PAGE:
Model-Based Definition > Geometric Dimensioning and Tolerancing Advisor > GD&T Advisor > Introduction to GD&T Advisor > Introduction to GD&T
Introduction to GD&T
What is GD&T?
A design model is an idealized representation of a part design. However, the design model by itself does not fully define the design. Due to imperfections in manufacturing processes, physical parts never match the design model exactly. An important aspect of a design is to specify the amount the part features may deviate from their theoretically exact geometry (as defined in the design model).
Geometric dimensioning and tolerancing, often referred to as GD&T, is a symbolic language used on engineering drawings and models to define the allowable deviation of feature geometry. The language of GD&T consists of dimensions, tolerances, symbols, definitions, rules, and conventions that can be used to precisely communicate the functional requirements for the location, orientation, size, and form of each feature of the design model. Thus, GD&T is an exact language that enables designers to “say what they mean” with regard to their design models. Production can then use the language to understand the design intent and inspection looks to the language to determine set up requirements.
In order for any language to be effective, it must be based on a common standard. ASME and ISO both have standards related to the application and use of GD&T. The ASME standards are generally used by U.S. companies while the ISO standards are commonly used by companies based in other countries. Within each of those organizations there are several standards that are applicable to the topic of GD&T. Furthermore, each standard is periodically revised, with each version of the standard identified by the year of its acceptance.
GD&T Advisor supports the following tolerancing standards. (Click on the standard to link to a page that provides details about the specific standards that are referenced by that rule set).
ASME Y14.5-2009
ISO 1101:2012
General Approach to Applying GD&T to a Design Model
A design model consists of a collection of geometric shapes, referred to as features (see Feature Descriptions for a complete list of supported feature types). In a completed design, the ideal geometry of each feature must be defined, along with the permissible deviation of its geometric attributes (e.g., location, orientation, size, and form). There are two common approaches to defining the permissible deviation of the geometric attributes of the features in the design model. GD&T may be applied to each feature based on how the part functions or it may be based on how the part is manufactured. It is generally considered best practice to apply GD&T based on part function. The first step in applying GD&T to a design model is to establish a datum reference frame. The first datum reference frame that is established is called the predominant datum reference frame. In a functional approach to GD&T, the surfaces that orient and locate the part in its assembly are typically used as the datum features that are used to establish the predominant DRF. There are also additional considerations for datum feature selection:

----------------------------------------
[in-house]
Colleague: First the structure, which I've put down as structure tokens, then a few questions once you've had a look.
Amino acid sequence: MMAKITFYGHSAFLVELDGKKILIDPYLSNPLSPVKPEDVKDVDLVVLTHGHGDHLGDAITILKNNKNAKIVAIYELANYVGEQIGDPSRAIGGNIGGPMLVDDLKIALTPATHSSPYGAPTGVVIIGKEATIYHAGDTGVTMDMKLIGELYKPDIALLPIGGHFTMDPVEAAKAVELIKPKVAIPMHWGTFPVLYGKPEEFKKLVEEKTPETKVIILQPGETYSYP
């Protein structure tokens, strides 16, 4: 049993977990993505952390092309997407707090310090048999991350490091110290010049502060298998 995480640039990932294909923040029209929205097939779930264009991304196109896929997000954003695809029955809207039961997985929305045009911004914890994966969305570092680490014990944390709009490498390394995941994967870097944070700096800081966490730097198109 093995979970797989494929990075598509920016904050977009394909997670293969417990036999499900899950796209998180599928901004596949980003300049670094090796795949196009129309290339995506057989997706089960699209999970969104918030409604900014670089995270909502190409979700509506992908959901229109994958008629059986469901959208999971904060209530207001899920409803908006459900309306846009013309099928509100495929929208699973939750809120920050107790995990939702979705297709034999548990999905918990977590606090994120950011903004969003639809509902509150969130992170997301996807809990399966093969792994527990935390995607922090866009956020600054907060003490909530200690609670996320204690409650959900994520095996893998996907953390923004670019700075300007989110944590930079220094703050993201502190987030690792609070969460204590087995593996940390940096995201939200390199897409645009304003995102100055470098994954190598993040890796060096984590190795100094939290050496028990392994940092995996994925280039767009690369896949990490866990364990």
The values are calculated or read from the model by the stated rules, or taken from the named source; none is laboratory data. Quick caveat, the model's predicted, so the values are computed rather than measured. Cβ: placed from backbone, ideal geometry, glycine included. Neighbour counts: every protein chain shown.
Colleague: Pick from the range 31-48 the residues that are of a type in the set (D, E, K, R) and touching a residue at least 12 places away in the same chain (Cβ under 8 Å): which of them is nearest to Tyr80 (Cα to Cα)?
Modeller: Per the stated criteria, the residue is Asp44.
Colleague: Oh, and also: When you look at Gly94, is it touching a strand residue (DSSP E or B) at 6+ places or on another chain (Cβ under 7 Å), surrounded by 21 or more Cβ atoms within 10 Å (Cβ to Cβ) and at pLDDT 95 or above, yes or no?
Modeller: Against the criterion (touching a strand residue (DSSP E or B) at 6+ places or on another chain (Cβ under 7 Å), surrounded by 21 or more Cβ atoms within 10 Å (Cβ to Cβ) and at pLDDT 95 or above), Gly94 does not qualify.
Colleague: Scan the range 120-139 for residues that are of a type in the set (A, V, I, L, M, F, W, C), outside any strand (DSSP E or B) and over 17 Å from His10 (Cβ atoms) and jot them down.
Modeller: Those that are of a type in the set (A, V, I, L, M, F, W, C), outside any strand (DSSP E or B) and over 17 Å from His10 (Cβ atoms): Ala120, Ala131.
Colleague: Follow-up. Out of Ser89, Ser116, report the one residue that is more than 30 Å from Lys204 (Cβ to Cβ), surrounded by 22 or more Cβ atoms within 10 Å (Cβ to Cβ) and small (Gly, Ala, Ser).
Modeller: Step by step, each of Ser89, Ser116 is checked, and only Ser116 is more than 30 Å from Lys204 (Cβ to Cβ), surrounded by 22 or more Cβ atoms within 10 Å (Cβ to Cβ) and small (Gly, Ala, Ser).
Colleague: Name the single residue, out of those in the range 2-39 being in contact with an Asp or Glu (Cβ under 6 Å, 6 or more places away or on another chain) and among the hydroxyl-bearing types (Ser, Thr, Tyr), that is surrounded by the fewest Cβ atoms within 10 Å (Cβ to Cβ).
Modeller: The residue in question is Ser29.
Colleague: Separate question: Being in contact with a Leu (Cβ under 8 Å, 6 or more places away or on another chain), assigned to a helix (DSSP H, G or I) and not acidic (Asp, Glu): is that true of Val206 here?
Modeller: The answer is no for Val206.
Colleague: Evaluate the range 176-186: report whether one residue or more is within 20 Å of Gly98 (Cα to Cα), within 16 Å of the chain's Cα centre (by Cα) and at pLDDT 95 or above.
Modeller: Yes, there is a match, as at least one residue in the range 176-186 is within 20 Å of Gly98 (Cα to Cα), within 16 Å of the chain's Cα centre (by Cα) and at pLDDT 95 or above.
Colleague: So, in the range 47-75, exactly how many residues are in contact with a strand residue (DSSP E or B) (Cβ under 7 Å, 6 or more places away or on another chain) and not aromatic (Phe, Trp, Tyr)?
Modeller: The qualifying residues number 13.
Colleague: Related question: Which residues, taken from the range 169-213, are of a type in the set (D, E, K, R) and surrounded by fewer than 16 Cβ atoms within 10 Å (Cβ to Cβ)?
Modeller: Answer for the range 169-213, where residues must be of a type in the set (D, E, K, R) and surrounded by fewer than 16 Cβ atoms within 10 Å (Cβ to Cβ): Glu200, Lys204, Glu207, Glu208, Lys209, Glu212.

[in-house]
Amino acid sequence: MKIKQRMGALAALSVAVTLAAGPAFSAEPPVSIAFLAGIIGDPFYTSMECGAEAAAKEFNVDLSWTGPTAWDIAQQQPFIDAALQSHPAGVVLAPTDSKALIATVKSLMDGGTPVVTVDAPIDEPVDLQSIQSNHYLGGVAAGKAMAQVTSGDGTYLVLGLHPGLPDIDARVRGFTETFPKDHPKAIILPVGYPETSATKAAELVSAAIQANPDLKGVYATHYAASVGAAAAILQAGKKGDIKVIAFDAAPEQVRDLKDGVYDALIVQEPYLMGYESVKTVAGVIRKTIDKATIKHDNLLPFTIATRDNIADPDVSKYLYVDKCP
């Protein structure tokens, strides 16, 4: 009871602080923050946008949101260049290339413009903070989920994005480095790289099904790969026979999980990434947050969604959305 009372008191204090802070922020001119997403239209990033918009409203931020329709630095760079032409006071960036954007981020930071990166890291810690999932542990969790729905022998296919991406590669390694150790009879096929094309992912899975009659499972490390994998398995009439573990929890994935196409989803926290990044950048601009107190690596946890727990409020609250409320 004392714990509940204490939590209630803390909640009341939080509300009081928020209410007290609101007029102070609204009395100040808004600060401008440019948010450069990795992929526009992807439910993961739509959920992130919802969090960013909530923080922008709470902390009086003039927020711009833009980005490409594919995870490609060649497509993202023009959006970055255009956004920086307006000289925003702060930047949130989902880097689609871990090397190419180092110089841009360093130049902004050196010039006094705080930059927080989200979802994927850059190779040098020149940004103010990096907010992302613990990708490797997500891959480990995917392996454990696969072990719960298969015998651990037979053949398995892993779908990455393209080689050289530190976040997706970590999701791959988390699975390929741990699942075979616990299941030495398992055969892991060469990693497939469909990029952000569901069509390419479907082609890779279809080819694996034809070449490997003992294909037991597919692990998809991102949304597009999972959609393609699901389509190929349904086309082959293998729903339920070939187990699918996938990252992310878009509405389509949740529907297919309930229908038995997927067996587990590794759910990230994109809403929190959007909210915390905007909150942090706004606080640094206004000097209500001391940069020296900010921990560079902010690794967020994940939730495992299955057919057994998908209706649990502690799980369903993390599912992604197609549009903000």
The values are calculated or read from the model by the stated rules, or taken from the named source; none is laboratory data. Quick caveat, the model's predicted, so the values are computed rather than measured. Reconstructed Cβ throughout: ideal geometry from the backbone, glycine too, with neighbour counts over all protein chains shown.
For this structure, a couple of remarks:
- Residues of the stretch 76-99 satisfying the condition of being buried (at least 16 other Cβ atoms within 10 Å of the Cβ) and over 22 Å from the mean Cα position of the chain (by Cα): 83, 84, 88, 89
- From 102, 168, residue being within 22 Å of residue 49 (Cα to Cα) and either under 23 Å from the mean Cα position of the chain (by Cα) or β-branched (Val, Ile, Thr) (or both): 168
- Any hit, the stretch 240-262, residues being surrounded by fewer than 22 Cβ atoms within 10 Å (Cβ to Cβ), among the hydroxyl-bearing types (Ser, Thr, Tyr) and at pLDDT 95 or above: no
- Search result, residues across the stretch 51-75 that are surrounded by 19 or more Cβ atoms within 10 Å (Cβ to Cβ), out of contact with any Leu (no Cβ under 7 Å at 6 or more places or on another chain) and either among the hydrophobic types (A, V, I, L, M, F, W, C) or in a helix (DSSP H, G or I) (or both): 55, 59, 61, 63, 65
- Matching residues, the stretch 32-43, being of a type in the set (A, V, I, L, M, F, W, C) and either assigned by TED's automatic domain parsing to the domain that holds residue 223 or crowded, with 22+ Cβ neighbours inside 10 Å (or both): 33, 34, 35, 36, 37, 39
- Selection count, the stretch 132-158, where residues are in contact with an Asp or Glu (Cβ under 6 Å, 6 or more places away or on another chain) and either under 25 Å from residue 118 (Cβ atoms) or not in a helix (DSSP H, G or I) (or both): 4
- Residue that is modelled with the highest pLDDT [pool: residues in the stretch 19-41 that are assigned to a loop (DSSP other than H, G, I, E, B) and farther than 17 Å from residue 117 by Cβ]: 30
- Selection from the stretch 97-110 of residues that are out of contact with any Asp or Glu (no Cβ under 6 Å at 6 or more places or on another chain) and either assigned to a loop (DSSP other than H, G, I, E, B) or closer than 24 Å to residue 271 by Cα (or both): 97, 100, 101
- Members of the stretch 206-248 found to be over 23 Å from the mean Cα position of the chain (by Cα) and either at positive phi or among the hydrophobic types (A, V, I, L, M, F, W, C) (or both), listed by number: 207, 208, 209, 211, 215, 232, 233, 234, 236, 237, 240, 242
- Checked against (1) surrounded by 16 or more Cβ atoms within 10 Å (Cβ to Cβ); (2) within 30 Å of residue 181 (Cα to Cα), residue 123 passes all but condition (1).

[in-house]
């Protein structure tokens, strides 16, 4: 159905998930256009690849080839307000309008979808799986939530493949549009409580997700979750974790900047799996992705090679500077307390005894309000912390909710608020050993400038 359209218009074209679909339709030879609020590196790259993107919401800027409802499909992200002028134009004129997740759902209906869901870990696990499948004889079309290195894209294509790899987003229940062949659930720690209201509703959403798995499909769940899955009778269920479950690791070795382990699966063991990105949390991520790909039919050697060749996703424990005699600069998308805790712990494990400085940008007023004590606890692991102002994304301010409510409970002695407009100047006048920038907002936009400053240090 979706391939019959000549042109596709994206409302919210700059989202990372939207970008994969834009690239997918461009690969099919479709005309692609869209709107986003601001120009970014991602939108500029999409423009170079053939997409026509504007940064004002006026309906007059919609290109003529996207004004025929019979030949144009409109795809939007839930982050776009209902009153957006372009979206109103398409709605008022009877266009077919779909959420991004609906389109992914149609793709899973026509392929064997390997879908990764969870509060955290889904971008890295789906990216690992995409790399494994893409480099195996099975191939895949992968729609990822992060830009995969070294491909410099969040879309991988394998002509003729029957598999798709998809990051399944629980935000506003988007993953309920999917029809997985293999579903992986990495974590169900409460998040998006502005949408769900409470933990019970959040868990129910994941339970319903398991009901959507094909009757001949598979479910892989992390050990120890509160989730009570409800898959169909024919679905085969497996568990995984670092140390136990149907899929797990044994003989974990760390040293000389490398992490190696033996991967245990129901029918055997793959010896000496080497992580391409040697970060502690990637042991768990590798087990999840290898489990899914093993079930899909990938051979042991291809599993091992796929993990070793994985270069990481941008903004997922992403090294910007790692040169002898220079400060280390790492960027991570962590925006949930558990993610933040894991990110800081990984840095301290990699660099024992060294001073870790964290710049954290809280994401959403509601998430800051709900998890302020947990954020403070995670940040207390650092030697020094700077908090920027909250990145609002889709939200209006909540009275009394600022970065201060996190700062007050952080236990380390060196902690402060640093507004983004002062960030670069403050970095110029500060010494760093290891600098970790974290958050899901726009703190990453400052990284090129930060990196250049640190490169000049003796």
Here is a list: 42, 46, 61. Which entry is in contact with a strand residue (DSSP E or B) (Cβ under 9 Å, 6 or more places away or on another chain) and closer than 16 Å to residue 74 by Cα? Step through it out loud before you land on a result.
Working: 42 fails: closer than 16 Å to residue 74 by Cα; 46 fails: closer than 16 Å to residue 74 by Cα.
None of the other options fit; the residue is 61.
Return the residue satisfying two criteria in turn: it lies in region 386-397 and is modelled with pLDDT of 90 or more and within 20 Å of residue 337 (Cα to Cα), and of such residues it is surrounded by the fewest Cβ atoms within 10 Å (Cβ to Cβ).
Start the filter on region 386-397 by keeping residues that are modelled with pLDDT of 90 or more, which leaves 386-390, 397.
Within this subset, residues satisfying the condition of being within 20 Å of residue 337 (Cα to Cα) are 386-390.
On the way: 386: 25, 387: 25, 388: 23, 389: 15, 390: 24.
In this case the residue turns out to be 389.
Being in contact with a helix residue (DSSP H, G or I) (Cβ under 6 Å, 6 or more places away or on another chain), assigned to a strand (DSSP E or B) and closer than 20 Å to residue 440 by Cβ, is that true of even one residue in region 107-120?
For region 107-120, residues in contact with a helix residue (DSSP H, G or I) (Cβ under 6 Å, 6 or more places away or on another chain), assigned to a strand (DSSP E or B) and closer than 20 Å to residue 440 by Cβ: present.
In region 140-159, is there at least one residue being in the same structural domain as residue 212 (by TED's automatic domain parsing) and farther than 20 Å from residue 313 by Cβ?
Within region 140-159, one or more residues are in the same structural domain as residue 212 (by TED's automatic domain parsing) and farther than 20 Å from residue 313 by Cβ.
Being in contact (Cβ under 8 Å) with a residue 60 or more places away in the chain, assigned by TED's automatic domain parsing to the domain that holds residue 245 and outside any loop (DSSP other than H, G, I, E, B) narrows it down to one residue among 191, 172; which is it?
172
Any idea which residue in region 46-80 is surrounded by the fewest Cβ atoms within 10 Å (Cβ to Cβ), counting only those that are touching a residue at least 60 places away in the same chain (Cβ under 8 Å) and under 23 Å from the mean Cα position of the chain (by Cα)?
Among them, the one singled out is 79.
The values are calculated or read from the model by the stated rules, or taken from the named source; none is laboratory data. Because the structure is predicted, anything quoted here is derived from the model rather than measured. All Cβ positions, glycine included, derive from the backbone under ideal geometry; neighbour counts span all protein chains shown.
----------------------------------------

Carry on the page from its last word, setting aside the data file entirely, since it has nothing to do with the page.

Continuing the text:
Manufacturing considerations – You may choose to select the surfaces that orient and locate the part in the machining fixture as the datum features.
Inspection considerations – You may choose to select the surfaces that orient and locate the part during the inspection process as the datum features.
Once the predominant DRF has been established, you can use GD&T to constrain the geometry attributes of each feature in the model with respect to that DRF based on function. In complex parts it may be necessary to establish multiple DRFs, but ultimately all features in the part must be constrained, either directly or indirectly, to the predominant DRF. GD&T Advisor provides convenient tools for defining the features on your part, applying GD&T to those features, and then evaluating each feature and the applied GD&T on the feature to determine whether all of the geometry attributes of the feature are fully constrained.
In addition to annotations applied directly to the features of the model, the tolerancing standards also require various general notes. GD&T Advisor provides tools to help you to manage those notes. See Properties & Notes, ASME Standard Reference Notes and ISO Standard Reference Notes for more information.